In an update to our last post, the amusement park where a 3-year-old boy died last weekend reopened this afternoon. The park closed after the accident to allow state and local safety personnel to inspect each of the park’s attractions. The park isn’t in this state; nevertheless, Florida safety advocates and public officials are watching closely as the investigation continues.
The roller coaster will not reopen at this time. While all other rides passed the reinspection this week, park officials confirmed that the roller coaster was still partially dismantled to aid in the investigation. State regulators said all of the rides had passed annual inspections and been cleared to operate in mid-December.
These annual check-ups are “nuts and bolts” physical inspections carried out while the ride operates. The state inspector doesn’t clear a ride for operation until he or she is sure that the safety restraints, electrical systems and so forth work properly. The ride must also meet manufacturer specifications.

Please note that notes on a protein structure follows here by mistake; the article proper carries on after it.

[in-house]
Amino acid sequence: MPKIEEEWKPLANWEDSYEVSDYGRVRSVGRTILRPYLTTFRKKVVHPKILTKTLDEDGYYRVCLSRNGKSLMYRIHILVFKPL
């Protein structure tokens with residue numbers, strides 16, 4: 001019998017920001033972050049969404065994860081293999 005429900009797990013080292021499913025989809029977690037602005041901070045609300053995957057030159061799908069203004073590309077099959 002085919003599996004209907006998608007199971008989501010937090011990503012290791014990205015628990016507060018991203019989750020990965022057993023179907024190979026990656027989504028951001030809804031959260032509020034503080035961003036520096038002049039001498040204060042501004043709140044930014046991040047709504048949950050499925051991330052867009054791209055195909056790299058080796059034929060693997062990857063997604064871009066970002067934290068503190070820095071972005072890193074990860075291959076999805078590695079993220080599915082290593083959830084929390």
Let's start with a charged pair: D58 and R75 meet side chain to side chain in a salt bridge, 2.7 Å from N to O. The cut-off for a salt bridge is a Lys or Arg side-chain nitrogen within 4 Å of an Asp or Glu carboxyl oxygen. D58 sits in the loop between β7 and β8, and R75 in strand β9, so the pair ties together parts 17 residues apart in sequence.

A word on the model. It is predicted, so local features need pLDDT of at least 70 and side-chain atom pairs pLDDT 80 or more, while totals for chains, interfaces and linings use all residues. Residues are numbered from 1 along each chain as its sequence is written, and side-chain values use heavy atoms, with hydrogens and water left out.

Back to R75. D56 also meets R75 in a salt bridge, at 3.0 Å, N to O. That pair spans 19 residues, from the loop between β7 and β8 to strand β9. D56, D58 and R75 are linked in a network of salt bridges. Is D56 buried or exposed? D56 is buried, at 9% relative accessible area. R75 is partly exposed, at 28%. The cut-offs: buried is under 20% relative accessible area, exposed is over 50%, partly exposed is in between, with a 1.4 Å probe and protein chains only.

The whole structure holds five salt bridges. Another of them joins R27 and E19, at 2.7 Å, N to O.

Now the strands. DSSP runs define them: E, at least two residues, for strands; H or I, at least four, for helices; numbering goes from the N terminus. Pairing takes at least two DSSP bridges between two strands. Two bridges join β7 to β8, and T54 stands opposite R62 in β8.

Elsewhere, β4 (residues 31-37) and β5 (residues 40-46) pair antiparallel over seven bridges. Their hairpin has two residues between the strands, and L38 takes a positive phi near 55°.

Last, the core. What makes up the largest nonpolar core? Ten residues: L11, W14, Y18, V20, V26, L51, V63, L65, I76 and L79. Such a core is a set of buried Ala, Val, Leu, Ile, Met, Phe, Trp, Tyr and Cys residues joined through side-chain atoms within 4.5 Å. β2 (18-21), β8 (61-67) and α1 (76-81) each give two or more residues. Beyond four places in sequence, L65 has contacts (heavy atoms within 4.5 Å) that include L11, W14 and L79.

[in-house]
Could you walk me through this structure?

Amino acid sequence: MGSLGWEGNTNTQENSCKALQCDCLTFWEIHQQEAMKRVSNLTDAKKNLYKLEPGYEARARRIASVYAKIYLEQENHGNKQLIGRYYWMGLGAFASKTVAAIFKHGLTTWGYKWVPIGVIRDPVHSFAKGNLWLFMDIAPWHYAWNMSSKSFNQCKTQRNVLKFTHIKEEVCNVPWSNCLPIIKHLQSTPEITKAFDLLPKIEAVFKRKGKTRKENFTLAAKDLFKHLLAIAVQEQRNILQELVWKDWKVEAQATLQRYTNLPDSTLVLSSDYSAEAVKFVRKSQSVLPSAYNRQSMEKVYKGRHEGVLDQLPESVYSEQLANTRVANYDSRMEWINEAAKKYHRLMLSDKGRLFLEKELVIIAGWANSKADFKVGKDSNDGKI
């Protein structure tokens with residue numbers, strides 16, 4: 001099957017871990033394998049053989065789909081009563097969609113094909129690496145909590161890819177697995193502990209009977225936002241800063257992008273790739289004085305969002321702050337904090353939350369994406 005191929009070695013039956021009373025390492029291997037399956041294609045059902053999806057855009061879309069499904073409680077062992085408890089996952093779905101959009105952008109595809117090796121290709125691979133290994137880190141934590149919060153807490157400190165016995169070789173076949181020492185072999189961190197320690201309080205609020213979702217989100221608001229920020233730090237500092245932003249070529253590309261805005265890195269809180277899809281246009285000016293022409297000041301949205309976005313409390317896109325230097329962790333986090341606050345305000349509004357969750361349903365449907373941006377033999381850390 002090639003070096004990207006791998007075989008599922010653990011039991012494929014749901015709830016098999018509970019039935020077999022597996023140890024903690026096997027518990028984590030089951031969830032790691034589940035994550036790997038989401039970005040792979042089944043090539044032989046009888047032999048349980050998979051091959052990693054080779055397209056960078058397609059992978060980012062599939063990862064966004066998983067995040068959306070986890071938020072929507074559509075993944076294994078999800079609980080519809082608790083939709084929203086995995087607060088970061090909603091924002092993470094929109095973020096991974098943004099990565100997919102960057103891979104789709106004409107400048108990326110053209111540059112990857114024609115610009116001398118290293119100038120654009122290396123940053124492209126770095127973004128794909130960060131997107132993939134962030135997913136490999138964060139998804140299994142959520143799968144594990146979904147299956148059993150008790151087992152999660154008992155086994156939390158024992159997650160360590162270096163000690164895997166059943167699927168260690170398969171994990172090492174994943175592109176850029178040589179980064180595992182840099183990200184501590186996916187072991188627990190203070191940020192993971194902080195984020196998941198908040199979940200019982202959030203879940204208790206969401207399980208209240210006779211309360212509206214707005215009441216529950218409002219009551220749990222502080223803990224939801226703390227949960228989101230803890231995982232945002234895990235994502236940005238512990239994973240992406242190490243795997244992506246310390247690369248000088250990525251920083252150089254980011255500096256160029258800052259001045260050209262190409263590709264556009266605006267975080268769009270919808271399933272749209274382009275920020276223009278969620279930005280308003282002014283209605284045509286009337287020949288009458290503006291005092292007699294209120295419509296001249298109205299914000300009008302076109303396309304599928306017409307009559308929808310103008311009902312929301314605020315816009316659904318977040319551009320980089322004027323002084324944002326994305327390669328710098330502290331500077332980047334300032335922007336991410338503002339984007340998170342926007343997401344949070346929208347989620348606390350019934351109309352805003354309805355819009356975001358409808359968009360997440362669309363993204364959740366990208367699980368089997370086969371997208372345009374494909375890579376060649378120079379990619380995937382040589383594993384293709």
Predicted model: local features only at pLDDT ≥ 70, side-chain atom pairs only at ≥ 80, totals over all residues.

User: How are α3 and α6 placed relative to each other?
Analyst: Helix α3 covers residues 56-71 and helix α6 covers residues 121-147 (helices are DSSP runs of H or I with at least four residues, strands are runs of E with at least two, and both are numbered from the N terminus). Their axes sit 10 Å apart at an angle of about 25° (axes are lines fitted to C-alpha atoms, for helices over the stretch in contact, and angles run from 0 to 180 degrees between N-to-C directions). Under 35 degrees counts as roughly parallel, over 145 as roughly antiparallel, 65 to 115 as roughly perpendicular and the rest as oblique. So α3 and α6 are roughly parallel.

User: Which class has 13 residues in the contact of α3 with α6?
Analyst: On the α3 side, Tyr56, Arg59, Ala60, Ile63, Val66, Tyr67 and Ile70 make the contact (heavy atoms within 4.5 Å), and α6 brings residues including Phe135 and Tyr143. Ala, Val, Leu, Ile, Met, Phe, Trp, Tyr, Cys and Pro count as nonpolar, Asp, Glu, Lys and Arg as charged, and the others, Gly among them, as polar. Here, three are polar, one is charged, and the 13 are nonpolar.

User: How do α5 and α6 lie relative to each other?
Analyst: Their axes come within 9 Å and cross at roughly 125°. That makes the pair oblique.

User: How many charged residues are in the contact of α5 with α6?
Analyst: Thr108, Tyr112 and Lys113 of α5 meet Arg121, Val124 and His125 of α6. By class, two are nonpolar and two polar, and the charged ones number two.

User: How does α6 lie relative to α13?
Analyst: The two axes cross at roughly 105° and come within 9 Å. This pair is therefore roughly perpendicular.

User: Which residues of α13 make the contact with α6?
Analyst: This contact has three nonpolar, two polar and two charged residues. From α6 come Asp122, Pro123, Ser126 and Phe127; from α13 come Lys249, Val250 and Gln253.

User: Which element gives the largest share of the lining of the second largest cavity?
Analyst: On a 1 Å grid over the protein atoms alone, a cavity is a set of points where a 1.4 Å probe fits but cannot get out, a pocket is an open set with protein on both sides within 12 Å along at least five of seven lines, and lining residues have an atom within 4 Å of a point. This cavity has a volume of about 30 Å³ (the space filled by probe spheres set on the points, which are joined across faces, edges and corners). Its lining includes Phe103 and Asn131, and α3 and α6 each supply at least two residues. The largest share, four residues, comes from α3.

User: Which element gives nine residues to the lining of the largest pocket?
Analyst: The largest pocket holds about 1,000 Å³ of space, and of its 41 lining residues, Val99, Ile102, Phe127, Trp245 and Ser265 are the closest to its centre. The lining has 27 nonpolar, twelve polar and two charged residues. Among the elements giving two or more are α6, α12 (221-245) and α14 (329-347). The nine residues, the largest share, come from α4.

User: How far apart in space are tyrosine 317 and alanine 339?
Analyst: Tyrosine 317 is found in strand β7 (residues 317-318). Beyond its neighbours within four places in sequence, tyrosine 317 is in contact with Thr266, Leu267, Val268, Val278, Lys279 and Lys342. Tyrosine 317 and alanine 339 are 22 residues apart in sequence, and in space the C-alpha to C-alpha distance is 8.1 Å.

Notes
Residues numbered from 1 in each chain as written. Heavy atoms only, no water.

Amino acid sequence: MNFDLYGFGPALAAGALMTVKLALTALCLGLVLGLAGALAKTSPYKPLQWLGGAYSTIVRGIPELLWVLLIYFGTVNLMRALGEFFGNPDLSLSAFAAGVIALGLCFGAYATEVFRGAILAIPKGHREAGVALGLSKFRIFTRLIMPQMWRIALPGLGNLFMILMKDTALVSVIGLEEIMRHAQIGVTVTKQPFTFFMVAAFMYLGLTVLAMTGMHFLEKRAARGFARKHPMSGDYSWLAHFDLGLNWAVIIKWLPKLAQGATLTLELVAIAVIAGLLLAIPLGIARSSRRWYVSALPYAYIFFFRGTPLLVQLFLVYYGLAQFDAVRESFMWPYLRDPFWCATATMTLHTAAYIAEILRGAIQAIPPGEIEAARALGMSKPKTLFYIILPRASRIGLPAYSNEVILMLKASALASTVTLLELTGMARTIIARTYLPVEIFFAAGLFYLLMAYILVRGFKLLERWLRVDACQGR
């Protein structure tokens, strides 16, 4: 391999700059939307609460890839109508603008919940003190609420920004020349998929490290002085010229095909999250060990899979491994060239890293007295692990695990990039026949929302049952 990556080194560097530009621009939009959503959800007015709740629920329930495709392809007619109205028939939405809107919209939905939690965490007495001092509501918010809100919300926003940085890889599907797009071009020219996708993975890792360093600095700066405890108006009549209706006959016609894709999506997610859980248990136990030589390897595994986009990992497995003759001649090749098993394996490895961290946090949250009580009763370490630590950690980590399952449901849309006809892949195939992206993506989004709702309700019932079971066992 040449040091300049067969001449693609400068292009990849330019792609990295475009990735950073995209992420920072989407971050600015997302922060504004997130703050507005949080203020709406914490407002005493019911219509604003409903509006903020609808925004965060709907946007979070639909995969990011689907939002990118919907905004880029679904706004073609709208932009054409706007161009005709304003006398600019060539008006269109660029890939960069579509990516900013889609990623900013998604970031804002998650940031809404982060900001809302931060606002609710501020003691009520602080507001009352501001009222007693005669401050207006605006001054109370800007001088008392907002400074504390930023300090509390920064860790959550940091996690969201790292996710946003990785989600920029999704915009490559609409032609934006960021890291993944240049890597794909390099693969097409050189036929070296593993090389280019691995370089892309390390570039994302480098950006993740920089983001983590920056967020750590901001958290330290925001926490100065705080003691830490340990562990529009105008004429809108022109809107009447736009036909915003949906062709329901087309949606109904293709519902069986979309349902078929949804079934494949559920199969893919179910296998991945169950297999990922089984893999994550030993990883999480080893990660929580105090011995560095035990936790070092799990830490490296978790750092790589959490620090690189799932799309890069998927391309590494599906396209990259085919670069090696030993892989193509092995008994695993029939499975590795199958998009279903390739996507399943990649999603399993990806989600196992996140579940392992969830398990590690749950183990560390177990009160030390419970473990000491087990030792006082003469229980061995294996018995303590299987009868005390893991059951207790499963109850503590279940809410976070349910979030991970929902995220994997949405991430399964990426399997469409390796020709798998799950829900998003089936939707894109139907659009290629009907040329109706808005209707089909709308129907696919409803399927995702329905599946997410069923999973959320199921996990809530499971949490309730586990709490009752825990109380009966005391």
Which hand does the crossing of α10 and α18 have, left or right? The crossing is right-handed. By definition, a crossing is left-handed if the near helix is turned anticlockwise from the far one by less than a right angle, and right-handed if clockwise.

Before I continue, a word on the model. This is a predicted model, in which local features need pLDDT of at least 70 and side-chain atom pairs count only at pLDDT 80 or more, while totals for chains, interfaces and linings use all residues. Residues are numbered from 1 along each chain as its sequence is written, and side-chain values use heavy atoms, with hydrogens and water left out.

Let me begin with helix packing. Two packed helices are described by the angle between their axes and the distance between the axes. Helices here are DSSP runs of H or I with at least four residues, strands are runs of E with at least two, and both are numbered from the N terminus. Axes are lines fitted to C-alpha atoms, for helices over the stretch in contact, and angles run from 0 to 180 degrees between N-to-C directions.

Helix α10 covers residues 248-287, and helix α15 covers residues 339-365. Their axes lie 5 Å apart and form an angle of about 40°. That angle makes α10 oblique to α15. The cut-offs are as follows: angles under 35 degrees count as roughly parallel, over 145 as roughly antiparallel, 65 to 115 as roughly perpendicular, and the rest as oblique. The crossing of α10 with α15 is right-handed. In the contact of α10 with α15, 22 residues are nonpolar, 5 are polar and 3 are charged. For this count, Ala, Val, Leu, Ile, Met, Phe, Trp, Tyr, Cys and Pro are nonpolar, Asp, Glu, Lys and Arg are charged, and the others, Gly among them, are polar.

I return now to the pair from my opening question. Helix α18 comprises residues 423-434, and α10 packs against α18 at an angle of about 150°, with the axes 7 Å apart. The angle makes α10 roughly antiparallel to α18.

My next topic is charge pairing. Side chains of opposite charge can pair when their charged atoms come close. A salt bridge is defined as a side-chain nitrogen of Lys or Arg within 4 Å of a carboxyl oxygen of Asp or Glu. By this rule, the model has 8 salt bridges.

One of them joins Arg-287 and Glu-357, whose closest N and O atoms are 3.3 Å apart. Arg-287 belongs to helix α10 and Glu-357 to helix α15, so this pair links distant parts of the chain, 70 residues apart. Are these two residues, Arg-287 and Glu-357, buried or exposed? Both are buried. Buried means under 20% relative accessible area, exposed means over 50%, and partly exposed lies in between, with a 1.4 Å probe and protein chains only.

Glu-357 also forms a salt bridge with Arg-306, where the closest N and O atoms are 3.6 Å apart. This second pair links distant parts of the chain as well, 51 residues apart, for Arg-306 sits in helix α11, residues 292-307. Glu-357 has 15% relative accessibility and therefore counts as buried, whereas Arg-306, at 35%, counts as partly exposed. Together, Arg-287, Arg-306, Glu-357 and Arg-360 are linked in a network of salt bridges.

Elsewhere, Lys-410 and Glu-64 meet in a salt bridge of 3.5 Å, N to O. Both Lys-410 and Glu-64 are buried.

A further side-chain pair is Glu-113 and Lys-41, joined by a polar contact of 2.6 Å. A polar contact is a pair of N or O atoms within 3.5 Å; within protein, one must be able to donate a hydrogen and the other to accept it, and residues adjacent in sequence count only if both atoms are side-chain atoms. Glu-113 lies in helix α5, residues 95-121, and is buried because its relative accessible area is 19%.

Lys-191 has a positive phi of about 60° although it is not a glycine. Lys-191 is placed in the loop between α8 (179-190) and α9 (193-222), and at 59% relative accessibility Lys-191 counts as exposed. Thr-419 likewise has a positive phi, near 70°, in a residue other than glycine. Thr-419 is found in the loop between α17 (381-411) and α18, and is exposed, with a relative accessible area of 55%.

Shortly after the accident, the press revealed that two other accidents on the roller coaster had been reported to the state. In 2006, a child allegedly hit her eye as she was exiting the ride. She was treated by paramedics at the park. In 2008, another child was taken to an emergency room or urgent care center after he’d bumped his head. The ride had stopped suddenly.
Another incident was not reported to the state (as required by law), but a lawsuit was filed. According to her parent, a girl broke her wrist when the roller coaster cars started to move, catching her hand in between.
While the victim’s parents and twin brother grieve, both park officials and safety inspectors are asking themselves the same question: How in the world did this child work himself free of the safety restraint?
Source: Chicago Tribune, “3 others have been hurt on roller coaster where boy died, reports say,” Robert McCoppin and Lolly Bowean, 04/05/11